Saving the town, slaughtering peasants on the way

Every so often I find a news article detailing a murder, assault or suicide perpetrated by some disturbed male teenager.  Almost invariably, the article prominently displays the fact that the boy had a history of playing “violent” or “war” games, and almost invariably I stop reading.  Certain parents and certain parts of the media have long been concerned with the way videogames affect the morality of children, which is understandable.  But stories like are absurd, and often for more than one reason.  First and most minor, oftentimes the game mentioned contains violence which is highly pixelated or otherwise non-offensive, is staged in a war setting (i.e. a situation in which it is generally acceptable to kill people)etc.  More importantly, as Koster explains, “Running over pedestrians, killing people, fighting terrorists, and eating dots while running from ghosts are all just stage settings, convenient metaphors for what a game is actually teaching” (p. 84).  Killing Russians in Modern Warfare 2 is not teaching you that slaughtering people is fun, Modern Warfare 2 is teaching hand-eye coordination and awareness of one’s surroundings.  Though the “dressing” does affect the appeal of any game, the underlying patterns, as Koster says, not only remain unchanged, but are largely the reason why we play them.

And besides, a normal human, even a child, is able to discern the nip from a bite, as it were, and understand the potential implications for bringing a game-situation to real life.  I have played violent games my entire life.  In fact, after posting this I will likely go down the hall and begin to slaughter enemy soldiers for several hours; I am also, at the same time, unable to watch bull-riding at rodeos out of fear I’ll see someone get hurt.  If you are someone at risk for psychotic behavior and might be influenced by violence in videogames, the games are the least of your problems.  If they don’t push you over the edge, something else will.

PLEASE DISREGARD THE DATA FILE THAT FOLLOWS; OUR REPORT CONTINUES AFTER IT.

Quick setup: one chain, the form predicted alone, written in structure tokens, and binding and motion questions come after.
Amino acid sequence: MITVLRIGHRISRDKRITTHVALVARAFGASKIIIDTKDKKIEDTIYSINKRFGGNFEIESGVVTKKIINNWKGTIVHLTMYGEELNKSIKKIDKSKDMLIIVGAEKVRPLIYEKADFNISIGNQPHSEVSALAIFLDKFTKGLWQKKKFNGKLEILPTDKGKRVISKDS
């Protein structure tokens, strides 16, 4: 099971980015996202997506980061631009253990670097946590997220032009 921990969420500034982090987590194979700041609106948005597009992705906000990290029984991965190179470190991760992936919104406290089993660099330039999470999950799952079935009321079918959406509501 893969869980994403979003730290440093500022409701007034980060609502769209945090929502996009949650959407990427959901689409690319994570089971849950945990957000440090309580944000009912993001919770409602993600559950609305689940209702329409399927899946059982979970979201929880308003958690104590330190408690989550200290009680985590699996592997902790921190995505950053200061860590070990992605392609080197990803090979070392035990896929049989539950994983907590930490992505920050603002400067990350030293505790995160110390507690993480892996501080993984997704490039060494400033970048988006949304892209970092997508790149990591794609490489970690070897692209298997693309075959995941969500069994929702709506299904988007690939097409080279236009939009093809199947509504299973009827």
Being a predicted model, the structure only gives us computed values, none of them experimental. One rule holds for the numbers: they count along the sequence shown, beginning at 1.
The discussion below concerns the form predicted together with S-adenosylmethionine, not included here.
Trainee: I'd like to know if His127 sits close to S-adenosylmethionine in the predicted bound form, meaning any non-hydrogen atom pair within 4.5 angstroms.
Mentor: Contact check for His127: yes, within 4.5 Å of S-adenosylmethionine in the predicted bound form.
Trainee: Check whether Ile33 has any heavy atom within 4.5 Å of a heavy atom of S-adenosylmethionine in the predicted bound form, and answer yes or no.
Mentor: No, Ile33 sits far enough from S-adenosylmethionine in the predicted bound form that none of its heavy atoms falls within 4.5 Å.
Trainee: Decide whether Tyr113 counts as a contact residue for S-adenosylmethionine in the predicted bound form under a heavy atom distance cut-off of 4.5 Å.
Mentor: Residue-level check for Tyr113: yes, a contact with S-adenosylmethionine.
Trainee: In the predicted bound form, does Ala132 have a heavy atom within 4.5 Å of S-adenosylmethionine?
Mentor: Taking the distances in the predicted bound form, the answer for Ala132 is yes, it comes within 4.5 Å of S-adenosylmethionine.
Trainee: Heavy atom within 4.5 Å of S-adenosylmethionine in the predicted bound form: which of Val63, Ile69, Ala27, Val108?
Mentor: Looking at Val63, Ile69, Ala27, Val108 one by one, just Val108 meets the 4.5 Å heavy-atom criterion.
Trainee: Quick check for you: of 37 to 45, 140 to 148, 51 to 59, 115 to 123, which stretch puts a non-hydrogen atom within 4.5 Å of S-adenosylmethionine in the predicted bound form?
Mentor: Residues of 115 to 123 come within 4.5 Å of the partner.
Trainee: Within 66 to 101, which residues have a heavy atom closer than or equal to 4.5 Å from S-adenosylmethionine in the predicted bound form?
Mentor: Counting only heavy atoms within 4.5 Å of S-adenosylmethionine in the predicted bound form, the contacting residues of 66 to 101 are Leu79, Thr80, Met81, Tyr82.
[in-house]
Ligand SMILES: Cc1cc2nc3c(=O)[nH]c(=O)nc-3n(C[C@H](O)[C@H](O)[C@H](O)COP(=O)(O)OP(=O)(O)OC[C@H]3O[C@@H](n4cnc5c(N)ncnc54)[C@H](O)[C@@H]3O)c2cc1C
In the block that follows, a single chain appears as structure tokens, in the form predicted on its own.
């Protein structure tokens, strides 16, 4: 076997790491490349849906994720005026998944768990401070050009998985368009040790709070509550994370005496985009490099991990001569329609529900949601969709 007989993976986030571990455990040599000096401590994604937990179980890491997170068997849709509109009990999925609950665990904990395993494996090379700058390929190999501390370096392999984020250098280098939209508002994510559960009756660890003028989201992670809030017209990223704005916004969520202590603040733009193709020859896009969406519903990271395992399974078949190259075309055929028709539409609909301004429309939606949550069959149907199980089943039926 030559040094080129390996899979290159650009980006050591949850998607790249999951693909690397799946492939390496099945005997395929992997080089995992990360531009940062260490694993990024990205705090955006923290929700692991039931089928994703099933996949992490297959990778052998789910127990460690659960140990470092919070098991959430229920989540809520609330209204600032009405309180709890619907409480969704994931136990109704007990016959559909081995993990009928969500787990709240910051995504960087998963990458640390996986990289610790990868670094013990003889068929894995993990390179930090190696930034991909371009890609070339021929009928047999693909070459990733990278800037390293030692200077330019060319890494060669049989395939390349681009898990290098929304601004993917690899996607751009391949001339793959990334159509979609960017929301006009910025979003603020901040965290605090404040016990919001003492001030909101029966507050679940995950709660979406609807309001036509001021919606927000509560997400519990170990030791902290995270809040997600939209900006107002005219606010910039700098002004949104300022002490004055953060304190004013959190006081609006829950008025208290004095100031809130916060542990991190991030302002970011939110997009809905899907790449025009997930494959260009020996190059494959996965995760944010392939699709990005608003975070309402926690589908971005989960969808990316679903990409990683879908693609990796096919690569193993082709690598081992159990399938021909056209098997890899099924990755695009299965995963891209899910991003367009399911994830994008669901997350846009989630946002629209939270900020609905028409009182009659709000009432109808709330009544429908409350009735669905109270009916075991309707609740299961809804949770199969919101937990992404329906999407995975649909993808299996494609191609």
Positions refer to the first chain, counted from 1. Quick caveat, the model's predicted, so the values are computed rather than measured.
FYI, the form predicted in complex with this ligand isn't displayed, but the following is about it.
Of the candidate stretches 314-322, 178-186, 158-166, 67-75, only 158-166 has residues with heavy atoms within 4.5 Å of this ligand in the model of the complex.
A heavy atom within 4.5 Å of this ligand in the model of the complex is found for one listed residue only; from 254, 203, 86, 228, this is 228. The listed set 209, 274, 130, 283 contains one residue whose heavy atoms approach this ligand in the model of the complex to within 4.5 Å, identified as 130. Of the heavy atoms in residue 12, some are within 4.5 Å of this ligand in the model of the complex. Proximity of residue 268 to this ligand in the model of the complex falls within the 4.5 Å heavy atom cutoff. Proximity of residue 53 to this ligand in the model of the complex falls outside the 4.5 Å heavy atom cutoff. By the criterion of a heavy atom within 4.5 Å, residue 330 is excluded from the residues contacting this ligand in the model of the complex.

One thought on “Saving the town, slaughtering peasants on the way

  1. ET

    There seems to be a pretty strong trend of disagreement with a few of Koster’s points in chapter 5. I’m really liking what I’m reading here about games being a whole newly defined kind of narrative waiting in the wings, about games forcefully incorporating beauty and delight into the gameplay, and also about games not teaching gamers to be physically violent. I agree most strongly with the latter: Koster makes an intriguing point when he point-blank shuts down the argument that violent games teach players how to loot, rape and pillage, but instead merely teach underlying patterns. Unless I’m unfortunately mistaken, I’d bet no one here would have the first idea of how to go about committing murder. Vague hormonal illusions of grandeur maybe, but something that mimics sincere intent? No way. We learn the patterns of a classic video game murder, but the illusion goes no further.

    But allow me to play devil’s advocate for a moment. Ahem. Video games aren’t just played by well-adjusted and self-aware college students. Kids play them too. Young kids. The kind of kid who watches a casual Superman cartoon and then tries to leap headfirst down the basement stairs wearing nothing but blue underwear and a red towel. Kids are impressionable, and seeing even a digitally represented avatar of a human running up to a digitally represented avatar of another human and inserting what looks like a digitally represented avatar of sword into his digitally represented avatar of a face WILL give the kid ideas. He may not act on them, but they’ll be there. Thanks to graphics becoming less and less “abstract” with every passing month, he can now see actual people running around committing graphic murder and theft without the real world consequences. It’s not people who know right from wrong already that we’re trying to save, it’s the ones who don’t, who can’t, know any better.

    This is of course where age ratings come into play, trying to protect the underdeveloped among us, but this gets off topic into the nitty gritty. Do video games make us, gamers, violent? I still say no. It’s just like Jamie says, if you’re already at risk for being influenced negatively (ie. very young, already somewhat mentally unstable, horribly pale basement-dweller who feeds on mashed Cheez-Its and the chilly glow of a computer screen, etc) anything could nudge you over the edge into insanity.

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